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WIC Has Increased: See if you Qualify

Alabama’s income guidelines for the Special Supplemental Nutrition Program for Women, Infants, and Children (better known as WIC) have increased and additional people may qualify. If you are a woman who is pregnant, has had a baby within the past six months, or are currently breastfeeding; or if you are the parent or guardian of a child up to age 5, you are encouraged to contact your local county health department or WIC agency to apply.

WIC participants may receive food benefits for each qualifying family member. Increased cash value benefits are available to purchase fresh and frozen fruits and vegetables, with each child receiving $26 a month, pregnant and postpartum women receiving $47 a month, and breastfeeding women receiving $52 a month. In addition to nutritious food benefits, WIC participants receive free nutrition education, breastfeeding support, and healthcare referrals. Alabama’s WIC Program provides electronic food benefits, making the shopping experience much easier.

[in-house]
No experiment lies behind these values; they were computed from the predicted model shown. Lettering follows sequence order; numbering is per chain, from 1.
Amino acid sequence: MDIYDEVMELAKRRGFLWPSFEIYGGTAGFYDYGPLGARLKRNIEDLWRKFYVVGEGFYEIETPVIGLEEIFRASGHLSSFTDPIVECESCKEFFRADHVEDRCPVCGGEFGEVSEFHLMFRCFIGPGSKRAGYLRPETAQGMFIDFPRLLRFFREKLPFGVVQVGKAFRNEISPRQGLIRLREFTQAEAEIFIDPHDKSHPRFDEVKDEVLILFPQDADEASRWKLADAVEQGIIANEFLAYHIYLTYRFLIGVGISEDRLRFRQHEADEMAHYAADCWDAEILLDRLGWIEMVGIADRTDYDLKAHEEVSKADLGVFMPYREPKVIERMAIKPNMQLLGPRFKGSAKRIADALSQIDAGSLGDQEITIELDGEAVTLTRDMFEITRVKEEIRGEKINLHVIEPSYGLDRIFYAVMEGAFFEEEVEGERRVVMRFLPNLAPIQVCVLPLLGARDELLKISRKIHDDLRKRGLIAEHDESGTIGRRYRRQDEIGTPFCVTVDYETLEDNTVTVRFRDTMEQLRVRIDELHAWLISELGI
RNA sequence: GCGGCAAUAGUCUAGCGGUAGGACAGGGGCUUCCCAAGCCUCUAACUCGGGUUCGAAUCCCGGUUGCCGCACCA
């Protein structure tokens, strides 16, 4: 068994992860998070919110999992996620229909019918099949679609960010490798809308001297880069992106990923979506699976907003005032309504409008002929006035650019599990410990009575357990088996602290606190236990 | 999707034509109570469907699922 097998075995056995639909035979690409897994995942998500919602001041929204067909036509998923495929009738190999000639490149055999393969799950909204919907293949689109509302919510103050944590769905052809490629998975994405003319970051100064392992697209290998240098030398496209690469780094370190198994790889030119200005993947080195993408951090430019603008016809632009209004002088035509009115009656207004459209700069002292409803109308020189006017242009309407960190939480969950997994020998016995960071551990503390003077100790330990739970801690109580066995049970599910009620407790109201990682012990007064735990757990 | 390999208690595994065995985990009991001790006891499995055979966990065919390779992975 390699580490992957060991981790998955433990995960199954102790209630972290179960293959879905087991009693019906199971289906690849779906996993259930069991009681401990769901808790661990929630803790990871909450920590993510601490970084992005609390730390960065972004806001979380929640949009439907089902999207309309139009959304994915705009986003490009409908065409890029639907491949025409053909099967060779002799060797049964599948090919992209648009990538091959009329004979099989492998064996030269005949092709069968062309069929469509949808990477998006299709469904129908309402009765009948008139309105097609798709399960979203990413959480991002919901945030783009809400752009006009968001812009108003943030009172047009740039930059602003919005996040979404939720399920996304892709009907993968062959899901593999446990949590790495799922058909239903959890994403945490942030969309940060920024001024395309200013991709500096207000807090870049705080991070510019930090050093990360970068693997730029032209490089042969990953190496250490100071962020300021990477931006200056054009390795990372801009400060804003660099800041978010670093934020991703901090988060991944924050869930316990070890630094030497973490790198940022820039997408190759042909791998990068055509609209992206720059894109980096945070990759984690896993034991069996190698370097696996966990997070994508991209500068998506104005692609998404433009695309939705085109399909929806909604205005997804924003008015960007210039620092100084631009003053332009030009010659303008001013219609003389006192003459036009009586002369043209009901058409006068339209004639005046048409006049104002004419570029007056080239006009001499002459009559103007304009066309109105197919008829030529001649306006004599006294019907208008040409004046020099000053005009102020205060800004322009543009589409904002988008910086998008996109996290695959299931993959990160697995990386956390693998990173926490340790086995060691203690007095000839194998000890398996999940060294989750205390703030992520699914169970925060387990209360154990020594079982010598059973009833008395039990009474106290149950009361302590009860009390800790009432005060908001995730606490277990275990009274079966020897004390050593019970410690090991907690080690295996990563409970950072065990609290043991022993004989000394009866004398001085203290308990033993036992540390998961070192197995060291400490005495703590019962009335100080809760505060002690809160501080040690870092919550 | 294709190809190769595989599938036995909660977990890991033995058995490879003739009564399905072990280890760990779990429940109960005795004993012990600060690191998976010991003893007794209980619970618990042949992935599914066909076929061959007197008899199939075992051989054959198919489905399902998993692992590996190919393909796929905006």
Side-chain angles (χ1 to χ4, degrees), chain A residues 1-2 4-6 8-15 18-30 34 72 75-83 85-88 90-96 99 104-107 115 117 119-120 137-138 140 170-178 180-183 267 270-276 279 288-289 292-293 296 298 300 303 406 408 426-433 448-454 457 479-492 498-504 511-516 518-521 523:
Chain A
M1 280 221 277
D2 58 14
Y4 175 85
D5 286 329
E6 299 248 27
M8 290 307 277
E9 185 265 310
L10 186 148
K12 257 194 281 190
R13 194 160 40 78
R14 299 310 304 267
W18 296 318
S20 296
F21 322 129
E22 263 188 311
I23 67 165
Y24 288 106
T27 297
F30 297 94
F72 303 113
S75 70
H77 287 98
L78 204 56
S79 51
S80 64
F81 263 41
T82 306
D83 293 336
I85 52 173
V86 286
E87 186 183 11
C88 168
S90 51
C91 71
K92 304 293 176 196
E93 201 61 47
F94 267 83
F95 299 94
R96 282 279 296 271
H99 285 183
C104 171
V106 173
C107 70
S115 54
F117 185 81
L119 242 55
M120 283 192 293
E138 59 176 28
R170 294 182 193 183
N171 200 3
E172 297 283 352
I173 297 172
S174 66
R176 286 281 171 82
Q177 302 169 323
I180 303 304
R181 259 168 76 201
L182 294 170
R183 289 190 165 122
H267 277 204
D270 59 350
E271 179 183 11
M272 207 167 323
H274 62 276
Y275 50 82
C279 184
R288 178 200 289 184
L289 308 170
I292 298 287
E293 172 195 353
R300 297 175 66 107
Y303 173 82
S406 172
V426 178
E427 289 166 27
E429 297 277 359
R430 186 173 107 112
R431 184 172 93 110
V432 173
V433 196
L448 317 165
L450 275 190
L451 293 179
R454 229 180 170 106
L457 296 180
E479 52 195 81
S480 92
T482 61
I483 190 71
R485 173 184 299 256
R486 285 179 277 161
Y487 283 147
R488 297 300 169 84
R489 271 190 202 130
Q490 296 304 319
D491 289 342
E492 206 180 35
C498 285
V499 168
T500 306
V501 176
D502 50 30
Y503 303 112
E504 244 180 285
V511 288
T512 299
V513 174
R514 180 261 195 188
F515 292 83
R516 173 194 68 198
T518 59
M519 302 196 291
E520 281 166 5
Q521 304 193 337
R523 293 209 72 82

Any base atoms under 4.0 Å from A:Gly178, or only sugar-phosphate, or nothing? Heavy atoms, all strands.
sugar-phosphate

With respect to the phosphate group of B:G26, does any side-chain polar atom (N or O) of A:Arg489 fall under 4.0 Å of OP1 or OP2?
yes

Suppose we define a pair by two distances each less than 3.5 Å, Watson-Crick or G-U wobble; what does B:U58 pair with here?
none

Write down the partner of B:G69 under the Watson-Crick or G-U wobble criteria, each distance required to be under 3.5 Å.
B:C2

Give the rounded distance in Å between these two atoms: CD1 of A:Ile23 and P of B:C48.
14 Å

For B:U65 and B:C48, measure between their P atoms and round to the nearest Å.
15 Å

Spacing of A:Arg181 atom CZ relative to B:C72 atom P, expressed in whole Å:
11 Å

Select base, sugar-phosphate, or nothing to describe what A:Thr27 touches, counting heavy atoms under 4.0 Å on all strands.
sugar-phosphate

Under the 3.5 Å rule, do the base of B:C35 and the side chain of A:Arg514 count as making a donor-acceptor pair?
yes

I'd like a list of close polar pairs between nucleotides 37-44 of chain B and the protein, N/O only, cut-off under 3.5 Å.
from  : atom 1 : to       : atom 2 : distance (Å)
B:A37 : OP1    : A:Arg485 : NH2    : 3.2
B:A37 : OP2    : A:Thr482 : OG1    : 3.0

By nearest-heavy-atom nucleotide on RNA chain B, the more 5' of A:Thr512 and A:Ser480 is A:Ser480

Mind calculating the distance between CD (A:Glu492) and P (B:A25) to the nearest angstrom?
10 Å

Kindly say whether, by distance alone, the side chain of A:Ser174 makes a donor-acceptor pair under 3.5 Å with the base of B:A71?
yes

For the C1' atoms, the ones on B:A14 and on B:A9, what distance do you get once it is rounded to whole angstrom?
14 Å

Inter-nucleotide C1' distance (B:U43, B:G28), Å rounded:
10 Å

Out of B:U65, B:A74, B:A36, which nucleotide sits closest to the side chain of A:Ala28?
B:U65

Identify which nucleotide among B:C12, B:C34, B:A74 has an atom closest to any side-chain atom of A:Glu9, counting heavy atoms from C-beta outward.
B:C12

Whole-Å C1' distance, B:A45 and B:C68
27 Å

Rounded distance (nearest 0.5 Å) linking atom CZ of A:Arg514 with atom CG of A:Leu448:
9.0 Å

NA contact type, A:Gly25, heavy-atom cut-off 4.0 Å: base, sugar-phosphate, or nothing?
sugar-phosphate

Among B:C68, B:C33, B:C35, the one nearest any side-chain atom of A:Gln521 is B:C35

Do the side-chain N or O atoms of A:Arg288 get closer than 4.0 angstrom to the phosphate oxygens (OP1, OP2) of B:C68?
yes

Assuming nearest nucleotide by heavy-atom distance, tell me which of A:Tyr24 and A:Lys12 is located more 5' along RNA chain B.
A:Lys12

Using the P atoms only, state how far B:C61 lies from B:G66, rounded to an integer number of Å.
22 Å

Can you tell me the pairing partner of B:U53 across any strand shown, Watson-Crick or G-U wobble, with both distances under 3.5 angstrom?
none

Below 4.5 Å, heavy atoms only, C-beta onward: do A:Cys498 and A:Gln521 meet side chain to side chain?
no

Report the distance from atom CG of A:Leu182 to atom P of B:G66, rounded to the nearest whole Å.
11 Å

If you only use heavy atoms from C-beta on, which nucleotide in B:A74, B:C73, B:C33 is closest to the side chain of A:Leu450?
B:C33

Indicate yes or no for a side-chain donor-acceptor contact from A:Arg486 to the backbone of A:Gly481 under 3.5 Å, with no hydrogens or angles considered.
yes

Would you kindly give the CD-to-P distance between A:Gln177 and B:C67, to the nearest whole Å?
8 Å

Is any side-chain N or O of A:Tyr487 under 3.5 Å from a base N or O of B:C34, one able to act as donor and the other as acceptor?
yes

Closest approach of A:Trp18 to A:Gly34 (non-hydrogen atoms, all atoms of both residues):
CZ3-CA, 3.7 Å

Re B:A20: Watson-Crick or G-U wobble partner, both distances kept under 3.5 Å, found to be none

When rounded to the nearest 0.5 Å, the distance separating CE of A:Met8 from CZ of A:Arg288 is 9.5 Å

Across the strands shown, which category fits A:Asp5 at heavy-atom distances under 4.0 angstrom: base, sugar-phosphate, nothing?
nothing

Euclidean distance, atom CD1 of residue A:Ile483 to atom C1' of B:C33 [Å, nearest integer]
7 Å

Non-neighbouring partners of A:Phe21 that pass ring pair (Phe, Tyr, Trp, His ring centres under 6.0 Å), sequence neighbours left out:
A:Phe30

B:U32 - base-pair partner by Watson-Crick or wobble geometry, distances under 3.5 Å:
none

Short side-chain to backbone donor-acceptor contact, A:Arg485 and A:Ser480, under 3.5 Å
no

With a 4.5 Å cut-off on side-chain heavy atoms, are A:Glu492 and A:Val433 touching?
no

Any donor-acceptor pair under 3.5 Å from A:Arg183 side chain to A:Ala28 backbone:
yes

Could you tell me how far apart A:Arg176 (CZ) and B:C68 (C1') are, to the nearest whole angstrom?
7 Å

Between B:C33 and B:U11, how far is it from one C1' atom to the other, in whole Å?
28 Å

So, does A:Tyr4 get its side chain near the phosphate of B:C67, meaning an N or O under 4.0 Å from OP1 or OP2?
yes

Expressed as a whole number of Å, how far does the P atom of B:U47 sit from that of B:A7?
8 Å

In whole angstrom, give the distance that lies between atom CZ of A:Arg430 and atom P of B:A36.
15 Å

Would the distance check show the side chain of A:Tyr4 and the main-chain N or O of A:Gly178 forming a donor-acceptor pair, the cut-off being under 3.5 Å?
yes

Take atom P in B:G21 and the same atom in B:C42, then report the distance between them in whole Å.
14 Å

Under the 2024 federal poverty guidelines, more families may be eligible for the program. WIC is open to participants with incomes up to 185 percent of the federal poverty level. Check the table below to see if your family may qualify:

WIC participants must have both a limited income and a nutritional need. Families who receive Medicaid, Supplemental Nutrition Assistance Program (SNAP) benefits, or Temporary Assistance for Needy Families (TANF) already meet the income qualifications for WIC. Even families who do not qualify for these programs may be eligible for WIC because of WIC’s higher income limits.

Allison Hatchett, Alabama WIC Director, said, “WIC works with families to meet nutrition goals and provides healthy foods to support optimal growth and development. Nutritious foods help pregnant women have healthy babies and help children grow to become healthy adults. Alabama’s WIC Program understands the struggles many families face to establish healthy eating habits, and WIC is here to help women, infants, and children in Alabama.”